Biden leads Trump in a number of national polls, as well as in the swing states of Arizona, Florida, Michigan, North Carolina, Pennsylvania and Wisconsin, according to the RealClearPolitics polling average. 

Trump has a big cash advantage at this stage of the race, along with the power of incumbency.

But for the president, the key is almost certainly the coronavirus crisis and the recession it has caused.

Trump was hoping he would ride a strong economy into reelection. Now he must convince voters that his stewardship is the best to steer the country back to economic success.

He’s signaled he wants to begin opening the economy as quickly as possible. He’s also noted that U.S. deaths from the coronavirus are far lower than some projections, which the White House argues is evidence of the success of his policies.

Trump’s argument, an echo in some ways of former President George W. Bush’s in the aftermath of the Sept. 11 attacks, is that it would be wrong to change the nation’s leader at this critical time.

The coronavirus crisis also promises to make the election campaign uglier.

Trump has signaled he’ll make Biden’s age and his son Hunter Biden’s business in Ukraine campaign issues. He’s ripped Democrats on personal terms for opposing decisions he’s made during the battle against the pandemic.

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Biden and Democrats, for their part, will argue fewer Americans would have died if Trump had taken quicker action.

Senate 

Democrats must gain the White House and a net three seats to win back the Senate — an uphill climb that is not impossible.

In reality, Democrats probably need to take four Republican seats to win the Senate. Sen. Doug Jones (D-Ala.) is a huge underdog in a state Trump is likely to sweep to victory in November.

That means Democrats will probably have to defeat Sens. Martha McSallyMartha Elizabeth McSallyTrump expressed doubt to donors GOP can hold Senate: report Mark Kelly releases Spanish ad featuring Rep. Gallego Senate is leaning to the Democrats, big time, with a wave MORE, Cory GardnerCory Scott GardnerTrump expressed doubt to donors GOP can hold Senate: report The Hill's Campaign Report: 2020 spending wars | Biden looks to clean up oil comments | Debate ratings are in Democrats seek to block appeal of court ruling ousting Pendley, BLM land plans MORE and Susan CollinsSusan Margaret CollinsSenate Democrats hold talkathon to protest Barrett's Supreme Court nomination Trump autographs pumpkin at Maine campaign event: 'It'll be on eBay tonight' Trump makes rare campaign stops in New England in closing stretch MORE in Arizona, Colorado and Maine, respectively, and then win a fourth seat as well.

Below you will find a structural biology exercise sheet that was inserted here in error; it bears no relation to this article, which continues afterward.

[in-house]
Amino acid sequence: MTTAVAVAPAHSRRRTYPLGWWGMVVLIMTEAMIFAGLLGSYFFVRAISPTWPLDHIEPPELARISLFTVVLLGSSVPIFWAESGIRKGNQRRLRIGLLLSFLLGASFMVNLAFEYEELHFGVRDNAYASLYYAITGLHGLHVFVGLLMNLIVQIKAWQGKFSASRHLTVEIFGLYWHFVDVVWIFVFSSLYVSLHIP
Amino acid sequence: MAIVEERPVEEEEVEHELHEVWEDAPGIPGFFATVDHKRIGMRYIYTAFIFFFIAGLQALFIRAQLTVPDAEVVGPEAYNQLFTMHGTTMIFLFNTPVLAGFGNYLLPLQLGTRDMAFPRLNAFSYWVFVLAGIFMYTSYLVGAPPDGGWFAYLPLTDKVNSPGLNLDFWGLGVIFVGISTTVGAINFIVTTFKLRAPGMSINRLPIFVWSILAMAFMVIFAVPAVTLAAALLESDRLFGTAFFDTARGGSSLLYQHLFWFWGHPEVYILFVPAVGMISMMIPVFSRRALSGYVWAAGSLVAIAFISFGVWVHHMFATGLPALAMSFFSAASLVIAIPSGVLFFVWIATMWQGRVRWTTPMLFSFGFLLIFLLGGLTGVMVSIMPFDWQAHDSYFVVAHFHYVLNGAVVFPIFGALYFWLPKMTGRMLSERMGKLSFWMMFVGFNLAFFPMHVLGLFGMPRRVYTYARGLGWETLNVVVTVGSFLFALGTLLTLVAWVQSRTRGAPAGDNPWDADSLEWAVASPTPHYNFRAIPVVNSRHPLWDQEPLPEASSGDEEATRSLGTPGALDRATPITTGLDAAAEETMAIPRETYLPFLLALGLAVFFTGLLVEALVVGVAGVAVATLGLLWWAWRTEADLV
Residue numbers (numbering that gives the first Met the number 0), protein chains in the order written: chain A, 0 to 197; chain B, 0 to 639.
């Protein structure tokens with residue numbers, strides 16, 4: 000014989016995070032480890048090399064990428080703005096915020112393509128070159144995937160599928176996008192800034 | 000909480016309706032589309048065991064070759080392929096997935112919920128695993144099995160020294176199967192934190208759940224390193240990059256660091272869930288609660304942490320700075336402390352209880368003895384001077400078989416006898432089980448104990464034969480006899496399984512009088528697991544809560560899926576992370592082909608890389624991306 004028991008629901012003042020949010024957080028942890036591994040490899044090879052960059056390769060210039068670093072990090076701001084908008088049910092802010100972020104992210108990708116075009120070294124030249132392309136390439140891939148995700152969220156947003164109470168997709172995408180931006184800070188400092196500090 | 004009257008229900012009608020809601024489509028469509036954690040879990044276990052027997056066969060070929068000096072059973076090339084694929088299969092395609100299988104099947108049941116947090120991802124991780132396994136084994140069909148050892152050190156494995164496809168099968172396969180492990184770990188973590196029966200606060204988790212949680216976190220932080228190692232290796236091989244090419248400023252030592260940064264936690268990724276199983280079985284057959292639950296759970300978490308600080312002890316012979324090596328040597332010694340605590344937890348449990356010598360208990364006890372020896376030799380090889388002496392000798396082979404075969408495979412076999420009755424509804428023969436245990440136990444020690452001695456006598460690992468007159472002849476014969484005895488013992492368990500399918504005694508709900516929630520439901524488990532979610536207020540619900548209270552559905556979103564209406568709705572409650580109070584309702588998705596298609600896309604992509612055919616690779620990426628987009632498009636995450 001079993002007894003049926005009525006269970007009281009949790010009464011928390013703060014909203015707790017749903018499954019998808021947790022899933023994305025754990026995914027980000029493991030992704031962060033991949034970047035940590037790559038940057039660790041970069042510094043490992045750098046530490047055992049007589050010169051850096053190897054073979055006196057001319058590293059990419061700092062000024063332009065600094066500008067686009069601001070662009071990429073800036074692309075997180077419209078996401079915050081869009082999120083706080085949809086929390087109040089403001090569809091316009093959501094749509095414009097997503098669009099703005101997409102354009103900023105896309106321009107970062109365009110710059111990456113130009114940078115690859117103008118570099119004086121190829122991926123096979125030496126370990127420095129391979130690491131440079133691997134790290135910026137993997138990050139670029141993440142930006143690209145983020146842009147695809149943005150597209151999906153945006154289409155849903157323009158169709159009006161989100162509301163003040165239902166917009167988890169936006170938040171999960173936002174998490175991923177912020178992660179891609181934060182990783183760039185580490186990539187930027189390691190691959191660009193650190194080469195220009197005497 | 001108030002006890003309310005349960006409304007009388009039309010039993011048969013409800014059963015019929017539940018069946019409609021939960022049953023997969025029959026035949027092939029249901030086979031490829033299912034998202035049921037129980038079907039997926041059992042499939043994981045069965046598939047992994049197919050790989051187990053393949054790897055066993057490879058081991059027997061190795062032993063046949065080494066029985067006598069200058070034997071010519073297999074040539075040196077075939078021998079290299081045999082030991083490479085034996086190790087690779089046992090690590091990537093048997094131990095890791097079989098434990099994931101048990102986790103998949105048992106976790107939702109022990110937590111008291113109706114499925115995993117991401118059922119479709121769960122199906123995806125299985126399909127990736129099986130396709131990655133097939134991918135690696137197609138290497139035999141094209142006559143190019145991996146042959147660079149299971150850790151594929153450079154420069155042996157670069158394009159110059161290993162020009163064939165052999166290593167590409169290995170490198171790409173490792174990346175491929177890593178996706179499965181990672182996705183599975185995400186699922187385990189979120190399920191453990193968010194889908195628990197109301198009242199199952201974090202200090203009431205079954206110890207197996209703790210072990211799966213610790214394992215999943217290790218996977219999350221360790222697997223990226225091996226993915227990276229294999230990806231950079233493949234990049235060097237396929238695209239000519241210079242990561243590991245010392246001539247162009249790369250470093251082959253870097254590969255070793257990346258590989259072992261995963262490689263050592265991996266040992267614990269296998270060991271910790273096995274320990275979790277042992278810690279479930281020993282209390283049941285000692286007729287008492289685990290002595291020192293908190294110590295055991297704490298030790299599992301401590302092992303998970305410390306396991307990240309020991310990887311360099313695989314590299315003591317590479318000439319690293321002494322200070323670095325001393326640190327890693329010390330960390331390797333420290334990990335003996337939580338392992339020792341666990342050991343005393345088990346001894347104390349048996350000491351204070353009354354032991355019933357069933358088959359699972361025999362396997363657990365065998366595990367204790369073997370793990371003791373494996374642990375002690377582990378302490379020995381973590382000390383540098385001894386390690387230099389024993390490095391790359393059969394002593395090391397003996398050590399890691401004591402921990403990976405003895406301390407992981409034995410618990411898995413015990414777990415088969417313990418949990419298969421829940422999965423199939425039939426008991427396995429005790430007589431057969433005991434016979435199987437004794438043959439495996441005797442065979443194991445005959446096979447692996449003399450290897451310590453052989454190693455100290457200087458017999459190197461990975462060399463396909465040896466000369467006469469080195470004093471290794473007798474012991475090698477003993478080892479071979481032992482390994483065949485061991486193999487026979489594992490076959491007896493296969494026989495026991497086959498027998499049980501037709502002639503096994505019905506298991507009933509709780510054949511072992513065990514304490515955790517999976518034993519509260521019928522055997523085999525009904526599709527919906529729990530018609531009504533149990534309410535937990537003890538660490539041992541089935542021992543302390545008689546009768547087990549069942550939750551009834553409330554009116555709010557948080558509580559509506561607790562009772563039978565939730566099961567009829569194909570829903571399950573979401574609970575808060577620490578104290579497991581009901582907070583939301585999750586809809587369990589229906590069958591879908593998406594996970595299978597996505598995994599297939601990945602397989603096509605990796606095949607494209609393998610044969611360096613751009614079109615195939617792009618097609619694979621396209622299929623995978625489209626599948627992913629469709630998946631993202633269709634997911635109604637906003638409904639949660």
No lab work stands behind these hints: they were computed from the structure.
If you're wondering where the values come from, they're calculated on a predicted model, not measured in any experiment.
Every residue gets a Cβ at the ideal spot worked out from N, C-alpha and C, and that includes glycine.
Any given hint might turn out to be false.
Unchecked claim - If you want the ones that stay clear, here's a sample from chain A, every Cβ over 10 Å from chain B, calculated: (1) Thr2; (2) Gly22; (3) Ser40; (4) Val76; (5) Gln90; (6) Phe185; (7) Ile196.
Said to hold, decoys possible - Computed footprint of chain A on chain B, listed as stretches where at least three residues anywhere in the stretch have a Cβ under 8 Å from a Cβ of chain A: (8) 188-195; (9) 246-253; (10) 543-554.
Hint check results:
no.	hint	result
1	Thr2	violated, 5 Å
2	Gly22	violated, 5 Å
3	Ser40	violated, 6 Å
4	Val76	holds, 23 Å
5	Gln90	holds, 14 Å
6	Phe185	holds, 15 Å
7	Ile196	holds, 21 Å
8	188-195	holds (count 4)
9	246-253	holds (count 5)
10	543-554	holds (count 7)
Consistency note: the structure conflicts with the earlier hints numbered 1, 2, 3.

In all three of those contests, Democrats seem to have a decent chance of winning.

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Gardner is in the fight of his political life. Not only has Colorado turned bluer in recent years, he’s facing a potential challenge from former Gov. John HickenlooperJohn HickenlooperBiden and Schumer face battles with left if Democrats win big Push to expand Supreme Court faces Democratic buzzsaw Democratic super PAC pulls remaining ads from Colorado Senate race MORE, the prohibitive front-runner in the state's Senate Democratic primary.

In Arizona, McSally is up against Democrat Mark Kelly, a retired astronaut who has shattered fundraising records since launching his Senate bid early last year. McSally lost her state’s last Senate race in 2018 before Gov. Doug Ducey (R) appointed her to fill the vacant seat of the late Sen. John McCainJohn Sidney McCainMark Kelly releases Spanish ad featuring Rep. Gallego More than 300 military family members endorse Biden Jennifer Lawrence says until Trump she was 'a little Republican' MORE (R-Ariz.).